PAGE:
Is It a Tenant’s Responsibility to Clean Gutters?
In most cases, the responsibility for repairing gutters lies with the property owner, managing agent,…Read more
Keeping gutters clean and free of debris is a crucial task in both houses and commercial buildings, ensuring that wastewater is transported to the drains of a property. Following in the footsteps of robot vacuums and lawn mowers, a new generation of gutter cleaning robots seemed on the brink of emerging, offering a hands-free solution to restoring a guttering network. In this article, we’ll examine the concept behind gutter cleaning robots, look at the issues that emerged, and explore what options are available.
Blocked gutters cause problems both big and small, ranging from dampness and mould to insect infestations and damage to buildings. Regular cleaning is therefore hugely important for keeping gutters operational. Gutters can be cleaned by hand using a ladder and a tool like a gutter scoop, or from the ground using jet washing. Professional gutter cleaning is also available, able to easily access higher or difficult gutters, as well as washing through the downpipe.
Blocked gutters will cause water to overflow the gutters or to become stuck within the downpipe. Water that overflows will run down walls, and pool on roofs and floors. This water can cause dampness and mould, including dangerous black mould. Over time, pooled water can damage or collapse roofs and foundations, incurring a huge expense. Blocked downpipes can be the ideal nesting ground for insects including wasps, disrupting your garden.
Gutter cleaning robots are remote-controlled devices designed to clean the entirety of a gutter, which they can simply be placed into. As of writing, there is only one gutter cleaning robot that has been made available, the iRobot Looj 330, which runs on caterpillar tracks with a spinning mechanism working to remove leaves and other debris within a gutter. It needs to be used with a ladder, with a belt clip for climbing and a detachable handle that allows you to place it within the guttering, after which it can be moved forwards and backwards with a control. It has both a brush and a rubber scraper, intended to remove both dry leaves and more solid dirt that is stuck to the guttering.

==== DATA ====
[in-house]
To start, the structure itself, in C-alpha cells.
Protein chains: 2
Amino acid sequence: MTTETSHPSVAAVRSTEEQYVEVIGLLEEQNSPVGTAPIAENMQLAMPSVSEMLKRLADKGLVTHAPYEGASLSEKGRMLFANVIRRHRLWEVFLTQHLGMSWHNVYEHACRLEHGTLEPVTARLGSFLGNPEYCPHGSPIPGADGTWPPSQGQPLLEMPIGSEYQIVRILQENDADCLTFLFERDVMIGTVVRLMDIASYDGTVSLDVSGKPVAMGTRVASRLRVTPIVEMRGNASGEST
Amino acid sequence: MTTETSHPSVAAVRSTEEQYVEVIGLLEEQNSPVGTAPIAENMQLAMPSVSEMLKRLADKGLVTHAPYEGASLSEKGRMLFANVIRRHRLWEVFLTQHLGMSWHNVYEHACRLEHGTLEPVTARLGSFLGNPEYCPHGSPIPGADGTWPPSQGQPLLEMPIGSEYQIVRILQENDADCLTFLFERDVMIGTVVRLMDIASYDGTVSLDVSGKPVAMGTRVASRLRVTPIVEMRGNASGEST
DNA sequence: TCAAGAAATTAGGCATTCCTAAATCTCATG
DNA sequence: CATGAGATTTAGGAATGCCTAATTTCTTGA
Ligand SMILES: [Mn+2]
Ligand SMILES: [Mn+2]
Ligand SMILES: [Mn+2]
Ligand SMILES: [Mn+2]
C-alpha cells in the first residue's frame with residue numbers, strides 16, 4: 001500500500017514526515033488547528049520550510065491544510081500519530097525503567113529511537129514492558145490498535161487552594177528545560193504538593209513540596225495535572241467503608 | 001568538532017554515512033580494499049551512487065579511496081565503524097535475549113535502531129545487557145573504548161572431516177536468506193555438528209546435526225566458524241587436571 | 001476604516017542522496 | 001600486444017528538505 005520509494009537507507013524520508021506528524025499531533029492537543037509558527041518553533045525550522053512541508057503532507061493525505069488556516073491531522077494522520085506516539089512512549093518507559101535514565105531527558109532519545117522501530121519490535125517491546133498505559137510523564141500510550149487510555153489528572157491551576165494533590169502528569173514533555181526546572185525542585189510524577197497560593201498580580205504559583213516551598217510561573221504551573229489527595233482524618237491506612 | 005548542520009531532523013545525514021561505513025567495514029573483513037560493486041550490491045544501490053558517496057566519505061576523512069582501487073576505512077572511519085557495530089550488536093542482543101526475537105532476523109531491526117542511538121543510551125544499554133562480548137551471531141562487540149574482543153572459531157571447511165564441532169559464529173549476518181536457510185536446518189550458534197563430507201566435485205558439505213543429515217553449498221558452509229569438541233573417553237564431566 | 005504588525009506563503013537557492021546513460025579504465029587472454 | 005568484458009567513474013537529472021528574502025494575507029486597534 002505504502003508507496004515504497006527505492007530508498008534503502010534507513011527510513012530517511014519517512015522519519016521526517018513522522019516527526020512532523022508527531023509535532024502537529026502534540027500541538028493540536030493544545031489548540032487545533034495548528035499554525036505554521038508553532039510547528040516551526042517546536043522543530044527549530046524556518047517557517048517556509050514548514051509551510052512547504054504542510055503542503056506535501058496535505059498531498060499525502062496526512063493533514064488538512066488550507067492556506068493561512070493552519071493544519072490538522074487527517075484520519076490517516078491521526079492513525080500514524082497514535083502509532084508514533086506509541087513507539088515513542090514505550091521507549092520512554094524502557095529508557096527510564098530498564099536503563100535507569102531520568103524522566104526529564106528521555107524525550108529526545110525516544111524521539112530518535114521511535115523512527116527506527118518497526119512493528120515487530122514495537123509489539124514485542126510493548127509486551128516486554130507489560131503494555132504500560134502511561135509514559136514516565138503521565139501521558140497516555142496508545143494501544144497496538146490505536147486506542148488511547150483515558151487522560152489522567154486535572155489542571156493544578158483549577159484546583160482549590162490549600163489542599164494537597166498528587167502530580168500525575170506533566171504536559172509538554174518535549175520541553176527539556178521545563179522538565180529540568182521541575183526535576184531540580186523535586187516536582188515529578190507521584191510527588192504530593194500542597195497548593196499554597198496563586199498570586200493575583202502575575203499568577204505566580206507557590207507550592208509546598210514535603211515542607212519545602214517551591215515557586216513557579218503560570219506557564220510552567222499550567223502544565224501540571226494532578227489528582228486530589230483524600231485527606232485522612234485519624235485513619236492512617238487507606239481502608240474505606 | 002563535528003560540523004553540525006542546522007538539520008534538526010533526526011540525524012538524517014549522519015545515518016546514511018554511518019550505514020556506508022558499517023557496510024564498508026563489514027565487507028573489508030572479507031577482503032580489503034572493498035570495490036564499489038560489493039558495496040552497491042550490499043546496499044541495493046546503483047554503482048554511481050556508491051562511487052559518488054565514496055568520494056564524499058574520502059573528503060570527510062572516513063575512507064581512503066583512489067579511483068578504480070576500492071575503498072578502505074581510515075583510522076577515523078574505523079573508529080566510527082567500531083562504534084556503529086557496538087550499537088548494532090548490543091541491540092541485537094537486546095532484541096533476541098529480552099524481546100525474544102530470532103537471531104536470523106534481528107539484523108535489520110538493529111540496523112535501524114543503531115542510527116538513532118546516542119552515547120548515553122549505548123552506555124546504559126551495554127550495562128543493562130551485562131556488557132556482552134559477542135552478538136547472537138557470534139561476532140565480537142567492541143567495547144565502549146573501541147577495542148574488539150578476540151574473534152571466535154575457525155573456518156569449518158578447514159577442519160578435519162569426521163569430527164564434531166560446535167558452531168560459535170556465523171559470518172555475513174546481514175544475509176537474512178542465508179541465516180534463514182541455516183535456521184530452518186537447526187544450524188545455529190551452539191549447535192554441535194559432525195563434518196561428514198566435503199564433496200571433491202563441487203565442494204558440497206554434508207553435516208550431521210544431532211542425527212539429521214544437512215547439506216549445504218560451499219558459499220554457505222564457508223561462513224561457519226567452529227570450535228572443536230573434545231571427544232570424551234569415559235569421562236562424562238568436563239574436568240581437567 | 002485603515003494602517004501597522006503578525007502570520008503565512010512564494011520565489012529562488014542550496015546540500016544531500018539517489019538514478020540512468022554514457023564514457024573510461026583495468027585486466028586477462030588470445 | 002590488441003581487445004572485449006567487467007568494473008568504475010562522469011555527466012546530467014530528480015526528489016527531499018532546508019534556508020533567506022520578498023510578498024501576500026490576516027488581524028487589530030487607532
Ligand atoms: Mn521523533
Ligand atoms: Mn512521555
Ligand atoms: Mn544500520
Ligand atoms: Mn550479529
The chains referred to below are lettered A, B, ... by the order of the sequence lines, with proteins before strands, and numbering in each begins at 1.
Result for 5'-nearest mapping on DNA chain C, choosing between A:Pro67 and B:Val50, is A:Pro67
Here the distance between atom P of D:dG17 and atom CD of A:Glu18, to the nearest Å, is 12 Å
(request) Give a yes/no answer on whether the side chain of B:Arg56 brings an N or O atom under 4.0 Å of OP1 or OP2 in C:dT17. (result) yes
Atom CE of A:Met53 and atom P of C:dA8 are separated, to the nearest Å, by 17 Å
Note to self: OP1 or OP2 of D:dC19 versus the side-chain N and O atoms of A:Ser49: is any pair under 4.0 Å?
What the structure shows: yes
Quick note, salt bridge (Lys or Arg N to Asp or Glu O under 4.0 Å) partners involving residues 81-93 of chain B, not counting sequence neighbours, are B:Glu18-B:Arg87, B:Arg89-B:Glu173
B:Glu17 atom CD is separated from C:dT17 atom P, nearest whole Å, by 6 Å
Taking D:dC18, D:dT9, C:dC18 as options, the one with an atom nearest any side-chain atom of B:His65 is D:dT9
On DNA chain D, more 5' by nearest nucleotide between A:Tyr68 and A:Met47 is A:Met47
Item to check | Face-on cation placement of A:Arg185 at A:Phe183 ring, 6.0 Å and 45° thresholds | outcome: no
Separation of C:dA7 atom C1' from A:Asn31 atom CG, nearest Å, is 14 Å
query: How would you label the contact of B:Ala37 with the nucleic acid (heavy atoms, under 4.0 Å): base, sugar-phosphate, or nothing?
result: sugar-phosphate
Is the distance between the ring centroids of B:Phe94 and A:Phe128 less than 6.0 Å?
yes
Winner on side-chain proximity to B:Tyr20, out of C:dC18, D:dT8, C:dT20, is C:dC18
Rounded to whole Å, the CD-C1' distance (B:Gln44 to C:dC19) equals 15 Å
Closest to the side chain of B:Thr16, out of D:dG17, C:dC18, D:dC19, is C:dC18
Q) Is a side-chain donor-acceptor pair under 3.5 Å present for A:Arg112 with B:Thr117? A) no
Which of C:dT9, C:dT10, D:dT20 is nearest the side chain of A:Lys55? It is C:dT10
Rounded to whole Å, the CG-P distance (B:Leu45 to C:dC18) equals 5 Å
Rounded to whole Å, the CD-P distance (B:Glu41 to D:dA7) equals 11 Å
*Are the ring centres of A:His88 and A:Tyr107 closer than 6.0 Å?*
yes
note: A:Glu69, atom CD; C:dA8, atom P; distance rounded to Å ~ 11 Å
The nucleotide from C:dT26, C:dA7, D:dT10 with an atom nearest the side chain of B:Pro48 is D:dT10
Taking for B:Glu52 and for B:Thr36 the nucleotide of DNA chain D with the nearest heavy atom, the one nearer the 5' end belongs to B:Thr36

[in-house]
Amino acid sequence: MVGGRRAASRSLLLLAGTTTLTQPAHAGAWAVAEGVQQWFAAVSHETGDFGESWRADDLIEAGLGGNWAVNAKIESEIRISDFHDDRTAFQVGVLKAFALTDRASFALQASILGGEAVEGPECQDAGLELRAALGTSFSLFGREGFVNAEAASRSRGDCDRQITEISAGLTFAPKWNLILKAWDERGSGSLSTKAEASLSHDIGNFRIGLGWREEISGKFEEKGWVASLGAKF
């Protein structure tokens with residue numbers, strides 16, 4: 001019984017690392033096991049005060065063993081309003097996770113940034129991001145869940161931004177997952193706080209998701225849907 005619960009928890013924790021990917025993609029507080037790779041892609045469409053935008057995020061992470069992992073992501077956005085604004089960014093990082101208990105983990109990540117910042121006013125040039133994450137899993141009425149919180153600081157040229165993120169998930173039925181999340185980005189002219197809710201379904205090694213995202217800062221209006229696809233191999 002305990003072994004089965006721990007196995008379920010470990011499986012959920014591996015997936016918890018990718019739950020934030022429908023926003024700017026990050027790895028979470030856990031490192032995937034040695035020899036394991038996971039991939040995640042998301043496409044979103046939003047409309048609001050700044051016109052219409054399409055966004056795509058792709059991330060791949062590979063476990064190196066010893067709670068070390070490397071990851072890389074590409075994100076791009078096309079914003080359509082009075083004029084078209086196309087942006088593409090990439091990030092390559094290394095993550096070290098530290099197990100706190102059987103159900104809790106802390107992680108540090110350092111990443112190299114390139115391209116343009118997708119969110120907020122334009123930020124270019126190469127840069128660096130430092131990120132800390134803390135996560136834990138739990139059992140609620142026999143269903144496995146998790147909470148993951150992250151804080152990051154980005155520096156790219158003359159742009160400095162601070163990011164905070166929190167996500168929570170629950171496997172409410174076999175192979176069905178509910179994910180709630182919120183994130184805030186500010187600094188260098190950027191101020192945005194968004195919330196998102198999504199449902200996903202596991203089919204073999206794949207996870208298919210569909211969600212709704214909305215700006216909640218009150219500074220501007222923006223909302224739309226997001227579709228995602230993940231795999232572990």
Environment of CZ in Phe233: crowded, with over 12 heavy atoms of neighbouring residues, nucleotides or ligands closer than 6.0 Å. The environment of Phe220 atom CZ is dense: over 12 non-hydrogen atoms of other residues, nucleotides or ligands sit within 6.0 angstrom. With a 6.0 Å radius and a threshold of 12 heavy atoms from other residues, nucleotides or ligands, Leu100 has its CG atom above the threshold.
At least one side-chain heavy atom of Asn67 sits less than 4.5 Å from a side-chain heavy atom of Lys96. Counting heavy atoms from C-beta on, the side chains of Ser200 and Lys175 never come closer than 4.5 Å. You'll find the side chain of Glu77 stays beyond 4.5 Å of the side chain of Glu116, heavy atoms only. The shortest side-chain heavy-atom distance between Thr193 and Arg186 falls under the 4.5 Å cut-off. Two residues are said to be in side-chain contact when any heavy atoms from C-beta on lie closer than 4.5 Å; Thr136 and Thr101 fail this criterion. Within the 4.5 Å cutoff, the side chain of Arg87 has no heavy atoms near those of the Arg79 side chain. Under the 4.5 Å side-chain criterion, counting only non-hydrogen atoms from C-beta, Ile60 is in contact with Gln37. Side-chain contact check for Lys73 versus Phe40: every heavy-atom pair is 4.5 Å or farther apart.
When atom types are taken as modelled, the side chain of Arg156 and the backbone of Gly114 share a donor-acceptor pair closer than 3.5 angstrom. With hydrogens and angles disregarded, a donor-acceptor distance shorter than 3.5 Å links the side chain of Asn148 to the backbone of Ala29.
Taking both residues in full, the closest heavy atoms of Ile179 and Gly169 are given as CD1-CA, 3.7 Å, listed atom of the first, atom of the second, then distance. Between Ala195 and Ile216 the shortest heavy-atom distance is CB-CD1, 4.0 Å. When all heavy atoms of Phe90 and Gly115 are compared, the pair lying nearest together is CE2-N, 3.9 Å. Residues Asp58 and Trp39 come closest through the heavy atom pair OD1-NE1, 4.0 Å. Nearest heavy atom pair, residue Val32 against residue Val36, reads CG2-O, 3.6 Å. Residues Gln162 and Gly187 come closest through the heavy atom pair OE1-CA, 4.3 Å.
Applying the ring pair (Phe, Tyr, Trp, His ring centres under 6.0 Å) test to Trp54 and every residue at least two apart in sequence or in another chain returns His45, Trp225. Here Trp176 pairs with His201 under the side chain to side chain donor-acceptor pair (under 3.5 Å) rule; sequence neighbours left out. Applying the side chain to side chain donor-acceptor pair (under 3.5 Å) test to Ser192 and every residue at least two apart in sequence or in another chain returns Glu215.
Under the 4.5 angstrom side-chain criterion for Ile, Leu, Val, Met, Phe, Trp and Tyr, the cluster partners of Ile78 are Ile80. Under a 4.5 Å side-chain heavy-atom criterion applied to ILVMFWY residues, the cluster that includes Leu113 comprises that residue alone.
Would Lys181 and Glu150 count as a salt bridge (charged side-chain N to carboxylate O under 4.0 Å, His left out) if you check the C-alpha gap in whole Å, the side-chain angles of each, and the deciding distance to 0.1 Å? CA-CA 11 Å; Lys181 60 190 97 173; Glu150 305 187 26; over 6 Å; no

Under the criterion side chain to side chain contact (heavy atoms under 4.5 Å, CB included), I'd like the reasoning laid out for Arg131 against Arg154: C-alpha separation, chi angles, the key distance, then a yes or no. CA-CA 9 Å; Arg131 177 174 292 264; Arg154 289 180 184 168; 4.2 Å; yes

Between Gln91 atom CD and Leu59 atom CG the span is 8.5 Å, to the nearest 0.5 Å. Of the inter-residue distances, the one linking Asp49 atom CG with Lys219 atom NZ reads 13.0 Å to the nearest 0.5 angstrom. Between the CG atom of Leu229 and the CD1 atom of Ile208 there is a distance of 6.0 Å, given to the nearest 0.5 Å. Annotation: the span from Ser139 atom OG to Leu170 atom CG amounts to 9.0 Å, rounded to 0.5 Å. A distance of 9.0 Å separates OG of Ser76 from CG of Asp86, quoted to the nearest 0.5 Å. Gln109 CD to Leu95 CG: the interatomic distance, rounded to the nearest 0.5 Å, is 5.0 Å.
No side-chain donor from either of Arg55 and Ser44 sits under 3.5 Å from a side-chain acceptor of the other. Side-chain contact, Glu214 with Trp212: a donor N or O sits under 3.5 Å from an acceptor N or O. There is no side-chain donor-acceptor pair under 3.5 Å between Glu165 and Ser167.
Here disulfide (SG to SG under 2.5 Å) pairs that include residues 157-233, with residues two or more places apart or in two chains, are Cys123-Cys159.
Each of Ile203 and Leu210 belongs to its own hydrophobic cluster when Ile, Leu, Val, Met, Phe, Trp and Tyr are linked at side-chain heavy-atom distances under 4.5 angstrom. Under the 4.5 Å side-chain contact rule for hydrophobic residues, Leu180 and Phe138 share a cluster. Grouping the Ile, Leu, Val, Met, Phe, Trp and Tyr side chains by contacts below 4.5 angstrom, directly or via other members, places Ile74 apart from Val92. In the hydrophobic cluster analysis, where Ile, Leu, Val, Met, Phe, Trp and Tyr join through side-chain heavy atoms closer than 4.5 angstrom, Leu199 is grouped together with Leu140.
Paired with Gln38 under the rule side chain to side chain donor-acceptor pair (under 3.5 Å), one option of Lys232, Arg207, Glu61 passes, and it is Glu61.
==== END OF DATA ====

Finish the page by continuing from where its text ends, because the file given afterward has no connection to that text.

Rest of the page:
Reviews of the iRobot Looj 330 gutter cleaning robot were largely positive. For most people, there was a clear benefit in the movement of the robot, meaning that the constant ladder repositioning that comes from manually cleaning gutters could be largely avoided. It could be easily placed within gutters, clearing most leaves and debris from them, though it won’t clear the downpipe. It’s here that the first major problem arrives.
As the iRobot does not collect cleaned debris, it can be hugely messy depending on the state of your guttering. This mixture of dirt, leaves, twigs, and algae will be thrown from your gutters, either onto your floor or onto your roof. If thrown onto the roof, any rain or wind will likely place it back into the gutter, whereas if thrown to the floor it will be a messy and time-consuming job to clean up.
When using a traditional gutter scoop, you’ll be able to place all waste into a bucket or bag, keeping your garden clear. Similarly, other gutter cleaning tools like vacuum cleaners will suck up all waste material. It’s also worth considering that in certain houses this waste could be thrown onto someone else’s property, another potential problem.
Another key issue is cornering. The iRobot Looj 330 couldn’t deal with them, and would have to be retrieved and replaced on the next straight section of guttering. For houses with long, straight gutters this wouldn’t be an issue, but for houses with shorter or more complex guttering, the time saved could fall dramatically.
At launch, the iRobot Looj 330 retailed for just under £300, and was discontinued soon after, with no replacement on the horizon. Used models remain available, with largely positive reviews on sites like Amazon. While gutter cleaning robots, therefore, show promise, the two key issues, collecting waste and navigating more complex gutters, would need to be addressed.
It’s also worth bearing in mind that gutter access is needed, meaning that they can’t be easily used on high gutters, and aren’t suitable for those who can’t use ladders.
As of now, the only option available is the iRobot Looj 330, a discontinued product with some clear drawbacks. For some homeowners however, the positives could outweigh the negatives, particularly when considering the greatly reduced price of a used model.
If you’re looking for expert drain unblocking but would rather opt for a person than a robot, Coastal Drains are available. Our drainage experts operate across Susses, performing a huge range of services including gutter cleaning and gutter maintenance. We have earned a 5-star rating on Checkatrade, and operate a low price guarantee on all work.
Whether worried about overflowing gutters or looking for regular cleaning, contact Coastal Drains now.